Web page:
SS Tube Weight = Reservoir Weight – 2 (End Cap wgt.+ Threaded Boss wgt.)


Note: Be certain to use consistent units. If the published weight density is given in lbs.
per cubic ft., then be certain to calculate the volumes for the pneumatic reservoir
components in cubic ft., or recalculate the weight density in cubic inches. Remember to
weigh the reservoir and to record this weight in the appropriate units.
Calculate the Interior Volume of the Reservoir

Using our understanding of volume and density it is possible to make a reasonably
accurate determination of the interior volume of the pneumatic reservoir.

Develop the Algebraic Statement that Will Yield the Answer
Using the information we have it is possible to create a formula for the weight of a tube
based on the tubes volume, known weight, the density of the material from which it is
made.

Begin by assuming the Stainless Steel Tube is a solid Stainless Steel Cylinder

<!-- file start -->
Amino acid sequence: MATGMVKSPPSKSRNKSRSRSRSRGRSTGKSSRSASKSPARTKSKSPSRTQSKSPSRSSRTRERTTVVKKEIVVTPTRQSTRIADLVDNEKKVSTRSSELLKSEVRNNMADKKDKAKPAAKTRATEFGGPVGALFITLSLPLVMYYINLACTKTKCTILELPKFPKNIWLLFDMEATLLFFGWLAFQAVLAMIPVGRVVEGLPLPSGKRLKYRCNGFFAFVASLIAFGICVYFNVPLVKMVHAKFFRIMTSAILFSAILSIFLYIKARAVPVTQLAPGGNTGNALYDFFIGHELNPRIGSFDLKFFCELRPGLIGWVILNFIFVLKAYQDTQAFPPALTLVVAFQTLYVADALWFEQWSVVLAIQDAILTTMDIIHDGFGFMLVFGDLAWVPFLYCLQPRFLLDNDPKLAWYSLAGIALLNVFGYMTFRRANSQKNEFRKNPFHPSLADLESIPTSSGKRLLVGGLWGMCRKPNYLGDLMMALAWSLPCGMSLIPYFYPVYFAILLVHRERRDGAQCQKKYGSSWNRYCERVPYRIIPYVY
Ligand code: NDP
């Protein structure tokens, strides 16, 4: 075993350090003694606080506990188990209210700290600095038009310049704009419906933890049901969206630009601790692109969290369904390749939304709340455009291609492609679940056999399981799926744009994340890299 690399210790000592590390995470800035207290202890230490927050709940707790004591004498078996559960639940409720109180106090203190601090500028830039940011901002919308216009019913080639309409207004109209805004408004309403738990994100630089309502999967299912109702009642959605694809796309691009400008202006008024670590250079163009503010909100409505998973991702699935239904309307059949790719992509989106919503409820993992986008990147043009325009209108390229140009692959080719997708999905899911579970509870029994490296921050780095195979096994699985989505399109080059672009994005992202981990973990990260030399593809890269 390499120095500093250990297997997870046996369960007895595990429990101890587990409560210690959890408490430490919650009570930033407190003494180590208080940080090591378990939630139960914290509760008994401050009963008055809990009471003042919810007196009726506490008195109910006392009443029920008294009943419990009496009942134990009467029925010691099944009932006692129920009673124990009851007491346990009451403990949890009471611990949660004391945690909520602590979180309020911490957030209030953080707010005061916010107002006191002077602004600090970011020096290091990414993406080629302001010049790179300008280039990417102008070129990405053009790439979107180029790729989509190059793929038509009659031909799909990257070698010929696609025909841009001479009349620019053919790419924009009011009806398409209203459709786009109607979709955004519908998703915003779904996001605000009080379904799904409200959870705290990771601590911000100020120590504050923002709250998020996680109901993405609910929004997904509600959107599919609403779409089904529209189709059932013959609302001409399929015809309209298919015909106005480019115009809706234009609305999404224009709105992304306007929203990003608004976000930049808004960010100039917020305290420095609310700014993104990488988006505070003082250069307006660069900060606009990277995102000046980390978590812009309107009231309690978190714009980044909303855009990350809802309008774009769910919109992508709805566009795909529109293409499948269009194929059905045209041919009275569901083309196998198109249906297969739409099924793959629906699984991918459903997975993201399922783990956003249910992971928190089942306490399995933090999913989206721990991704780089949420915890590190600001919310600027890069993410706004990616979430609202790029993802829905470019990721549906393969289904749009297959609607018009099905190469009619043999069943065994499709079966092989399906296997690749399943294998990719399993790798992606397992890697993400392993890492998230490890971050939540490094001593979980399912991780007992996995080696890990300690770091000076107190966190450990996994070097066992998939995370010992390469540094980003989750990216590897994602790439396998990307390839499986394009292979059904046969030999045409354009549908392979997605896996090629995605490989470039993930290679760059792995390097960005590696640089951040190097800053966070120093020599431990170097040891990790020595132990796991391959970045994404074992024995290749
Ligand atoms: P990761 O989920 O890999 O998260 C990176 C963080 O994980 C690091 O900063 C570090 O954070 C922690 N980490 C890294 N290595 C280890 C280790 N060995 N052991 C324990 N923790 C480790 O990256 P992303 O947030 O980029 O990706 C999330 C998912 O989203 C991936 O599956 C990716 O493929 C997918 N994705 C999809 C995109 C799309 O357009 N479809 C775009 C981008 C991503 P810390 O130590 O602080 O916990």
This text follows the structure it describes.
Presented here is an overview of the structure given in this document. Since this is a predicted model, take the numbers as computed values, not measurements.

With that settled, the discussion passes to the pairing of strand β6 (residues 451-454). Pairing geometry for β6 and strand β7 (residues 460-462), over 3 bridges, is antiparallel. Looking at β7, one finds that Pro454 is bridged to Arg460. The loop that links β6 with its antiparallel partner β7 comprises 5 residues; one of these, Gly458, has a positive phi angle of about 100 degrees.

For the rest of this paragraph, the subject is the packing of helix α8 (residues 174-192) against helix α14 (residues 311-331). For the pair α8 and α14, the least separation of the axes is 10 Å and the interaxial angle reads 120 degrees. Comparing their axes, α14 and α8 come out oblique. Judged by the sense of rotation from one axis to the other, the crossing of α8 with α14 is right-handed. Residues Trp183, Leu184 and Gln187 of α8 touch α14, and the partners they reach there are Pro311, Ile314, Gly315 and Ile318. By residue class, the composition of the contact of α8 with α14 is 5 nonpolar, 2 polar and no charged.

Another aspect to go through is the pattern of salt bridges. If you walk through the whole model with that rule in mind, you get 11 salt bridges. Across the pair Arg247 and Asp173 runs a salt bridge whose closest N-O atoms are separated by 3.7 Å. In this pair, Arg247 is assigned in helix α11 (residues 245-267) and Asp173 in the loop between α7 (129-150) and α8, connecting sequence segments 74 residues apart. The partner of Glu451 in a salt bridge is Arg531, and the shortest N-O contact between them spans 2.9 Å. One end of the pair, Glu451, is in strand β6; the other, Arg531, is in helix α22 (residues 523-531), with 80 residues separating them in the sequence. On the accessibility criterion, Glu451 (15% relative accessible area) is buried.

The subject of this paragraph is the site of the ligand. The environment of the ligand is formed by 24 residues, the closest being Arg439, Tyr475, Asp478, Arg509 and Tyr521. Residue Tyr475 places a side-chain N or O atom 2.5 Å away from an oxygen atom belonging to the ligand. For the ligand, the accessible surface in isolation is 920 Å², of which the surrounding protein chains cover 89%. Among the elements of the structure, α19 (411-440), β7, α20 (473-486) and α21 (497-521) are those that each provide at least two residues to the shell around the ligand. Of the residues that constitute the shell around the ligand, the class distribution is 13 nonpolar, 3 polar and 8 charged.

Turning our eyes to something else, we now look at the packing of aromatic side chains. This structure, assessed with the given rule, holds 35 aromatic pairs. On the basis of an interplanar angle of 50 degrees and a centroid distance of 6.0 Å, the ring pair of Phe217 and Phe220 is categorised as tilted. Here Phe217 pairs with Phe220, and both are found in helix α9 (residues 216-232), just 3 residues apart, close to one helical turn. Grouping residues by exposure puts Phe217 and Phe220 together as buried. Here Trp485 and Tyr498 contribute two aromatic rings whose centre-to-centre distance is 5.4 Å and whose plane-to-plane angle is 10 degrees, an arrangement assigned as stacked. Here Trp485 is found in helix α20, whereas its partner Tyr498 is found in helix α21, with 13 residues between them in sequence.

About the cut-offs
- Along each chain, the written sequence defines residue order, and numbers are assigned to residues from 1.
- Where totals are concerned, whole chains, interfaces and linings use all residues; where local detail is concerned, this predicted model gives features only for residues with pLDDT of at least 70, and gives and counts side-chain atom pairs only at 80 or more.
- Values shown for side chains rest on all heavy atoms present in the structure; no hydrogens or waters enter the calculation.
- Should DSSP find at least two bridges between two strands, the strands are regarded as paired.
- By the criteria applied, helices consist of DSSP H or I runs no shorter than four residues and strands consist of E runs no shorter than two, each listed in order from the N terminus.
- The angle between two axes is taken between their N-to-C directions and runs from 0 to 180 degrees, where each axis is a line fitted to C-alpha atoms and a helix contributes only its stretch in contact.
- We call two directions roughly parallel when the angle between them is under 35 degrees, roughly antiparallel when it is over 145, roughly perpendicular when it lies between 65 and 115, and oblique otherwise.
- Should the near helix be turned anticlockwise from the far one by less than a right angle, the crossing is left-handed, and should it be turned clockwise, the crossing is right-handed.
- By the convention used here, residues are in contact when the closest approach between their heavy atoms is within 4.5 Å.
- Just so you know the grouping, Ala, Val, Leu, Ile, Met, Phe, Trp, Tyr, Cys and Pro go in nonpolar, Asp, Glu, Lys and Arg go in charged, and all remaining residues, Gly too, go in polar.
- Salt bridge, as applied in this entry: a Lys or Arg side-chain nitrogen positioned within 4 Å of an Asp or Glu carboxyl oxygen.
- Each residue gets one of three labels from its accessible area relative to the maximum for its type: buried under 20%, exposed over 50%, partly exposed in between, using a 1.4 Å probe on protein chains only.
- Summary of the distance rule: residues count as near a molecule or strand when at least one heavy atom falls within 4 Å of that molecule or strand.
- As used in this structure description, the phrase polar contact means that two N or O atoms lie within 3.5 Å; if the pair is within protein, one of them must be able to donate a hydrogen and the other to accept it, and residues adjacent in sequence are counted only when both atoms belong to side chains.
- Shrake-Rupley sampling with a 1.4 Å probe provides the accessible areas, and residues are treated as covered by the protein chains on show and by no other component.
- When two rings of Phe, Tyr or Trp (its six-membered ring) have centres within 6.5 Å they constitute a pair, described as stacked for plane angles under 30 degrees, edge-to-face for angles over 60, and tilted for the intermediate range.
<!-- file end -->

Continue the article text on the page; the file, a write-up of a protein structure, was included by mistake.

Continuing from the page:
A = Weight of a Solid Stainless Steel Cylinder (Use the Outside Diameter and length of
     the Reservoir Tube)
B = Calculated Weight of Stainless Steel Tube (From the Chart Above)
C = A – B (C = the weight of the interior ss cylinder)
D = Density of stainless steel (approximately 8gram per cc or 0.289016 lbm/cubic inch)
Vi = Volume of the interior cylinder


Density Formula               D (Density) = W (Weight) / V (volume)
Solving for Vi                Vi = C(Weight of interior SS Cylinder) /D
Using the Values above        Vi = C/D
Remember: C is the weight of an imaginary solid stainless steel “Interior” cylinder.
Using the weight of an imaginary interior stainless steel cylinder, we can apply the
density formula to solve for the volume. We can substitute C, for the weight of the
imaginary stainless steel cylinder and solve for the interior volume of the pneumatic